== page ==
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State v. Reed

Court of Appeals of Idaho

May 2, 2018

STATE OF IDAHO, Plaintiff-Respondent,
v.
MATTHEW JOSEPH REED, Defendant-Appellant.

          2018 Opinion No. 20

          Appeal from the District Court of the First Judicial District, State of Idaho, Kootenai County. Hon. John T. Mitchell, District Judge.

         Judgment of conviction and sentence, affirmed; order relinquishing jurisdiction and order denying redisposition, reversed and case remanded.

          Eric D. Fredericksen, State Appellate Public Defender; Maya P. Waldron, Deputy Appellate Public Defender, Boise, for appellant.

          Hon. Lawrence G. Wasden, Attorney General; Theodore S. Tollefson, Deputy Attorney General, Boise, for respondent.

          HUSKEY, Judge

         Matthew Joseph Reed appeals from the district court's order relinquishing jurisdiction and the district court's order denying Reed's motion for redisposition. Reed asserts that the district court abused its discretion when it relinquished jurisdiction because Reed had not fulfilled two unqualified conditions the court ordered to be completed prior to Reed being considered for probation. The two conditions were: (1) completion of a polygraph regarding past sex charges and crimes against women, and (2) enrollment in the Good Samaritan Treatment Program. Reed also argues the district court abused its discretion by sentencing Reed based on his criminal history, rather than the possession charge at issue. For the reasons set forth below, we reverse the order relinquishing jurisdiction and the order denying Reed's motion for redisposition, and remand this case for a redetermination before a different judge as to whether Reed's sentence should be suspended and he should be placed on probation. Because the district court did not abuse its discretion when it sentenced Reed, we affirm the judgment of conviction and sentence.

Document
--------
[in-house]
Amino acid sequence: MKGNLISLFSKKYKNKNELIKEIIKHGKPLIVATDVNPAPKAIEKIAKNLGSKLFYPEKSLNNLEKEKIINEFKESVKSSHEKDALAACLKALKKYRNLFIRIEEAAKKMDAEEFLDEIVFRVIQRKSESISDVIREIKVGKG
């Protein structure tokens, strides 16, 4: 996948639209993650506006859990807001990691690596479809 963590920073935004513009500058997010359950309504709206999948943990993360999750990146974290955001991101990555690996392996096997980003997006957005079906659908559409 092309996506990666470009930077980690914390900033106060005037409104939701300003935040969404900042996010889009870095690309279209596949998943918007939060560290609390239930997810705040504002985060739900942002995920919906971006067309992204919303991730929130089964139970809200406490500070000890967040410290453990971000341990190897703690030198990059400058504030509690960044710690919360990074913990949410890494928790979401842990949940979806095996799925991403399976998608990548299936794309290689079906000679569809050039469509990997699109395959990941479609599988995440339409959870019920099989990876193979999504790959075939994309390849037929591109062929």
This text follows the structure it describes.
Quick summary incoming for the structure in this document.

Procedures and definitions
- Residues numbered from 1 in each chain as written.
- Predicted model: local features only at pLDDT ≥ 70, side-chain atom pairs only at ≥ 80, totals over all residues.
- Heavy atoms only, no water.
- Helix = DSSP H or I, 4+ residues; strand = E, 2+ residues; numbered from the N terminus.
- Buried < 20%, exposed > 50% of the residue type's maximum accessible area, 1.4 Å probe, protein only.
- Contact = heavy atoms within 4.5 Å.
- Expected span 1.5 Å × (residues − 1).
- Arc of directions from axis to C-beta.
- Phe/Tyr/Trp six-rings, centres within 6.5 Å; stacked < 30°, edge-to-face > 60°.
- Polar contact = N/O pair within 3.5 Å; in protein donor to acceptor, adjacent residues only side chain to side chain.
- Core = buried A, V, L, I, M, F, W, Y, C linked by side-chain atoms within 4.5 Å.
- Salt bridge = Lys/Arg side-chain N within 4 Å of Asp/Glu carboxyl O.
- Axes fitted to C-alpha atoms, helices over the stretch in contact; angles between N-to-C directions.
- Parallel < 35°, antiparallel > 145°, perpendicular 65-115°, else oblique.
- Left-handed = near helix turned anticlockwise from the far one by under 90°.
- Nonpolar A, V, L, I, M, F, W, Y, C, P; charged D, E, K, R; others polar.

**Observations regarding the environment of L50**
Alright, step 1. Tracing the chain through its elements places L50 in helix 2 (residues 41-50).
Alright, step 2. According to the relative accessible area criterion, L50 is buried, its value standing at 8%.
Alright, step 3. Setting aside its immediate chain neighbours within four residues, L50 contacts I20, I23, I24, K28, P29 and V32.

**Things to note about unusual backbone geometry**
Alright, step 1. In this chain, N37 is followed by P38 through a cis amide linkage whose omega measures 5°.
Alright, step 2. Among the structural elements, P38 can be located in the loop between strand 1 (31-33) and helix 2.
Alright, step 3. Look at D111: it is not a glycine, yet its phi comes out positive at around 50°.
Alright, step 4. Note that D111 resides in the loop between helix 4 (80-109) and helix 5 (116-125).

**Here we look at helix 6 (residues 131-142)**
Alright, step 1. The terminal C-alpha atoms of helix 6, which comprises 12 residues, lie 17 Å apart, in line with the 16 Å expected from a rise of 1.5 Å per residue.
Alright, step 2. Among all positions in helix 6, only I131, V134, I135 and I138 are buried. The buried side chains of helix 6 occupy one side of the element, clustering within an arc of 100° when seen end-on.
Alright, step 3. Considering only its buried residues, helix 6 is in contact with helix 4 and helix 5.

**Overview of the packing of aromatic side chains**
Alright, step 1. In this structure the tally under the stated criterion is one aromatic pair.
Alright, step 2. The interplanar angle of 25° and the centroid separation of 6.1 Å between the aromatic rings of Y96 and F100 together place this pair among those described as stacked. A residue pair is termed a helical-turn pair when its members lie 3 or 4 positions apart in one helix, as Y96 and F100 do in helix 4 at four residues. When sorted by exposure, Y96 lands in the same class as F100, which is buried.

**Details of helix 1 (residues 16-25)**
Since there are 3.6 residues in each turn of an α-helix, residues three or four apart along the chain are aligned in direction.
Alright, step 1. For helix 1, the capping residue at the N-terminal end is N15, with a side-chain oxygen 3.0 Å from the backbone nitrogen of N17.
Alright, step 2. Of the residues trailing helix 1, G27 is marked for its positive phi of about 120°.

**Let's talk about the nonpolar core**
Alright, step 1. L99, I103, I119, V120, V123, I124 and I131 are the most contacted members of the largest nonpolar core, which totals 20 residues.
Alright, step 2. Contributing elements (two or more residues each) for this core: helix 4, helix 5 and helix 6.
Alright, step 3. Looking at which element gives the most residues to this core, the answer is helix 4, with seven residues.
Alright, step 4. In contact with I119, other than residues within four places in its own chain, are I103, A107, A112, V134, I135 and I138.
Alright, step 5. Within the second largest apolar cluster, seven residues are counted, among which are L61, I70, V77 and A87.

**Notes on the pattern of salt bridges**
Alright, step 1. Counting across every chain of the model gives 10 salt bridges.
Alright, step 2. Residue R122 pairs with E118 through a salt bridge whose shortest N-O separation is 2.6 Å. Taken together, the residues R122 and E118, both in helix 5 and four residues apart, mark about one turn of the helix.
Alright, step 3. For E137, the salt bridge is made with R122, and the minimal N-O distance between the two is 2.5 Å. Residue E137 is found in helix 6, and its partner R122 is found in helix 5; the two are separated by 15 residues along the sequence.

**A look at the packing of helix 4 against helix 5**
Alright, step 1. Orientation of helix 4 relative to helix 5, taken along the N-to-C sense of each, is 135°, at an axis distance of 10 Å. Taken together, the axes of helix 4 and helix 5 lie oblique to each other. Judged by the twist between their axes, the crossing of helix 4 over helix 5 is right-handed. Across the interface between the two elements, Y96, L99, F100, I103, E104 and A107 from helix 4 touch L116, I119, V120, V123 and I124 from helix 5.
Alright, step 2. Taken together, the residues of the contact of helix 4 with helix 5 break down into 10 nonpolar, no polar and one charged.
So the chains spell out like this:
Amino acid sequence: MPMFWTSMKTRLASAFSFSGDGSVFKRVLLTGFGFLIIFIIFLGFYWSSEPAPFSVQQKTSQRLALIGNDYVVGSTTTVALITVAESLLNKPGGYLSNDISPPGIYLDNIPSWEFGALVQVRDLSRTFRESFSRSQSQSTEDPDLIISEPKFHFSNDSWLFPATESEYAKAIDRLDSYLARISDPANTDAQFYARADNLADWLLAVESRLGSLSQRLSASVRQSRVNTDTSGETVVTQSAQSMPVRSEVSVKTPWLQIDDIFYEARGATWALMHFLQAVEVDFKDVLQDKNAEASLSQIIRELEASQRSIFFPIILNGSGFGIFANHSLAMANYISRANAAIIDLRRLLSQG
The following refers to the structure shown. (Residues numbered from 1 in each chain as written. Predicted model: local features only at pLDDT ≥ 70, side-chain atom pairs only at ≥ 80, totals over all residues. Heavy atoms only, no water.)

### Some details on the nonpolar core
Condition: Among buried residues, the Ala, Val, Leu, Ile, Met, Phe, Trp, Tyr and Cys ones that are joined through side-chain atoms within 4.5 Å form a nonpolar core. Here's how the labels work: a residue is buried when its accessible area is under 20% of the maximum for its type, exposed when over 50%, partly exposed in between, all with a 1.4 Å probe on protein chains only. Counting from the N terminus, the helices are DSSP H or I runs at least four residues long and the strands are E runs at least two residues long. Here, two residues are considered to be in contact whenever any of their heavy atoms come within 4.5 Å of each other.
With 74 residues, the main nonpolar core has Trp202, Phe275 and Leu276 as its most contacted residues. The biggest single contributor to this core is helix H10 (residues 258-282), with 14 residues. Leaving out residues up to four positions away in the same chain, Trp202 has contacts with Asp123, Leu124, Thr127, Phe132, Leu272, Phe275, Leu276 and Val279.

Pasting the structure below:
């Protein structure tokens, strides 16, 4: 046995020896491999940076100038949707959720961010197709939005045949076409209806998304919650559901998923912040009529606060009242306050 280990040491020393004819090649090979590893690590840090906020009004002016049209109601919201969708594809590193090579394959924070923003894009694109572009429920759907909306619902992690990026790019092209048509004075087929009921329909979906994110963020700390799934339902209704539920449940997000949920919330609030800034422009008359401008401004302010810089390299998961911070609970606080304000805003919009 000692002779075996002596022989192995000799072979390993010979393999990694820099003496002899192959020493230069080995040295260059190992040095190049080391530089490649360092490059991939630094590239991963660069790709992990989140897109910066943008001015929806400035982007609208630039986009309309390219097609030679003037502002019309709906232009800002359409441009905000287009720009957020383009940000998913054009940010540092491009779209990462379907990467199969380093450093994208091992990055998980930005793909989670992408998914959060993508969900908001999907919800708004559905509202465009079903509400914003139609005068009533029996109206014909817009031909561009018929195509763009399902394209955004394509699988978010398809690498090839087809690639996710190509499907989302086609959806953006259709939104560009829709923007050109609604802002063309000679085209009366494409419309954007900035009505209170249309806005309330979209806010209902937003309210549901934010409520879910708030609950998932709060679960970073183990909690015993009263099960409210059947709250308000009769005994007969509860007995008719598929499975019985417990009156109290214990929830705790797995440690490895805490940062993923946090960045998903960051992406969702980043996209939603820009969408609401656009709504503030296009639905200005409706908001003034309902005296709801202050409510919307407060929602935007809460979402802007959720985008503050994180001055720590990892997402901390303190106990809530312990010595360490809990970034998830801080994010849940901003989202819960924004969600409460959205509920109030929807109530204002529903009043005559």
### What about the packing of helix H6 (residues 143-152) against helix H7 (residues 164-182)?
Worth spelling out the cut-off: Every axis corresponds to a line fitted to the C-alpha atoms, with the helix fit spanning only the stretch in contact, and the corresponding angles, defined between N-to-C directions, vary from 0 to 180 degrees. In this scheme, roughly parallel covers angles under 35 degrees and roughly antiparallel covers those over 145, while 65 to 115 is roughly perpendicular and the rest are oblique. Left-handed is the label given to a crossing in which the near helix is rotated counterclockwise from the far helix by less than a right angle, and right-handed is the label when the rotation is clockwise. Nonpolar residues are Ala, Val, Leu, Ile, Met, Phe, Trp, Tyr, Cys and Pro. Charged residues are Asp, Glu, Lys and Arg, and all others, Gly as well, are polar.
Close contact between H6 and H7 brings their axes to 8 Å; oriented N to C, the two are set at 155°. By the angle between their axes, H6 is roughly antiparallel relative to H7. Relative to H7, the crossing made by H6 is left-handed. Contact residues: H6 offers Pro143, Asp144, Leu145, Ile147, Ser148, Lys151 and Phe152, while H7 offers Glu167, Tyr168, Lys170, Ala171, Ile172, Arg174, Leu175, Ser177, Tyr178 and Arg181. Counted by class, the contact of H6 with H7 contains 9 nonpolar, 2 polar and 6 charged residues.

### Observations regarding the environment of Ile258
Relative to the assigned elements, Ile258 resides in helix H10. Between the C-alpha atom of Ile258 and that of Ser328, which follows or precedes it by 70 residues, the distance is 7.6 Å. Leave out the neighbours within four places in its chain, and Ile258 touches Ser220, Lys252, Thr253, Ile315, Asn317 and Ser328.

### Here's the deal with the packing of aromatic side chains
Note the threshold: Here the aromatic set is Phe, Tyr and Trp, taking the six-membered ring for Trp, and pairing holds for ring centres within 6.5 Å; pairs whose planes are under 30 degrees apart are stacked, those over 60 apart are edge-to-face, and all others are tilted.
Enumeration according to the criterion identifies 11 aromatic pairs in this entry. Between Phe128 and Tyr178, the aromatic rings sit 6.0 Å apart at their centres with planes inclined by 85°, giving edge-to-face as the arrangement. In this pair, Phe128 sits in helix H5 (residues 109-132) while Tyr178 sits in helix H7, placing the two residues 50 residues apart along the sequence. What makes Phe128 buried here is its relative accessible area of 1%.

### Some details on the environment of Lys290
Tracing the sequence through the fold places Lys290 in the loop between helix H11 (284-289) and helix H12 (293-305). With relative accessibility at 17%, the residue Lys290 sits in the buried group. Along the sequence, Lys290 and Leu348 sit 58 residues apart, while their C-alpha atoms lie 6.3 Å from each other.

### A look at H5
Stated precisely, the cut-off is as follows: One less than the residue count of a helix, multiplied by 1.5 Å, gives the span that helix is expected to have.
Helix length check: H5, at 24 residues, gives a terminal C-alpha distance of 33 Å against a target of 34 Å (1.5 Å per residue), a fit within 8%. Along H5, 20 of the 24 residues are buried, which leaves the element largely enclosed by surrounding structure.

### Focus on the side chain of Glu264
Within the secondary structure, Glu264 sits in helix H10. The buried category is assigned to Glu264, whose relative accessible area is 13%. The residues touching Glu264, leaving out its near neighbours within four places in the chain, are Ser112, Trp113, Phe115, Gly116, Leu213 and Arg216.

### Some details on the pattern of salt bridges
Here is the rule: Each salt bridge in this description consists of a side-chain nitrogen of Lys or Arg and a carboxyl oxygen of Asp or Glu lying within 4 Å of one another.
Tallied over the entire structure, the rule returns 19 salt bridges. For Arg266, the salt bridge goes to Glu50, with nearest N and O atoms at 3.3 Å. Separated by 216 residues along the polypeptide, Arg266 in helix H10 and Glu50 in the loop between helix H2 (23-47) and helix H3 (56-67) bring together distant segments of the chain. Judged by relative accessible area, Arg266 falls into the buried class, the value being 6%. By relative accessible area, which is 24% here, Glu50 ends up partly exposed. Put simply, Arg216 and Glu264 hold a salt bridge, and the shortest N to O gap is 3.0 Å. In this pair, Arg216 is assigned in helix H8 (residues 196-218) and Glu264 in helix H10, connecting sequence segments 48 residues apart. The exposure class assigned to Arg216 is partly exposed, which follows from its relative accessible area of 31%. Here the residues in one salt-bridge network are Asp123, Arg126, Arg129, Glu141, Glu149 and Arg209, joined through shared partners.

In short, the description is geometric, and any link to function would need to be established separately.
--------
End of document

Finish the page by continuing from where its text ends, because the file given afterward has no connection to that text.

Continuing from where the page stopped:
I.

         FACTUAL AND PROCEDURAL BACKGROUND

         Reed pleaded guilty to possession of a controlled substance, methamphetamine, Idaho Code § 37-2732(c)(1). At the sentencing hearing, the State recommended that the underlying sentence include a period of retained jurisdiction; Reed requested a period of probation. Although Reed was not confident he could afford a treatment program, he asked the district court to include the Good Samaritan Treatment Program as a condition of his probation. Before making a ruling, the district court asked Reed to explain several of the alleged prior crimes that were listed in Reed's presentence report. The district court also asked Reed about a tattoo on his neck which read "Trust no bitch, " as well as Reed's prior gang affiliation. The district court imposed a determinate seven-year sentence and retained jurisdiction. In addition to requiring Reed to successfully complete the period of retained jurisdiction, the district court imposed two other prerequisites to Reed's probation eligibility. The district court stated:

I will need a polygraph on your return regarding your account of past sexual offenses and past violence towards women, and if you do all those things, then I will not consider you for probation unless you can get into Good Samaritan for ten months.

         The district court offered the following explanation for the sentence:

The reason for the sentence is your criminal record, and while I realize that there were dismissals on the sex crimes that I asked you about, I have severe concerns about your explanation given the fact that there are three different events over the course of four different years--five different years. There's violence to women on multiple occasions. You've got a huge drug problem. You've been to prison. You've joined a gang.

         After successfully completing the period of retained jurisdiction, the Idaho Department of Correction recommended that Reed be placed on probation. At the rider review hearing, the State recommended that Reed be placed on three years of supervised probation. Reed's counsel also requested that Reed be placed on probation. The district court ignored the recommendations and focused on the two conditions it previously imposed--completing the polygraph and enrolling in the Good Samaritan Treatment Program--neither of which Reed had done. When asked whether he was interested in the Good Samaritan Treatment Program, Reed attempted to explain why he failed to enroll in the program: "I didn't have the money at the time because--at that time I said I might have the money, but I didn't have the money. I called them and I told them that and, uh--." Because Reed did not enroll in the Good Samaritan Treatment ...


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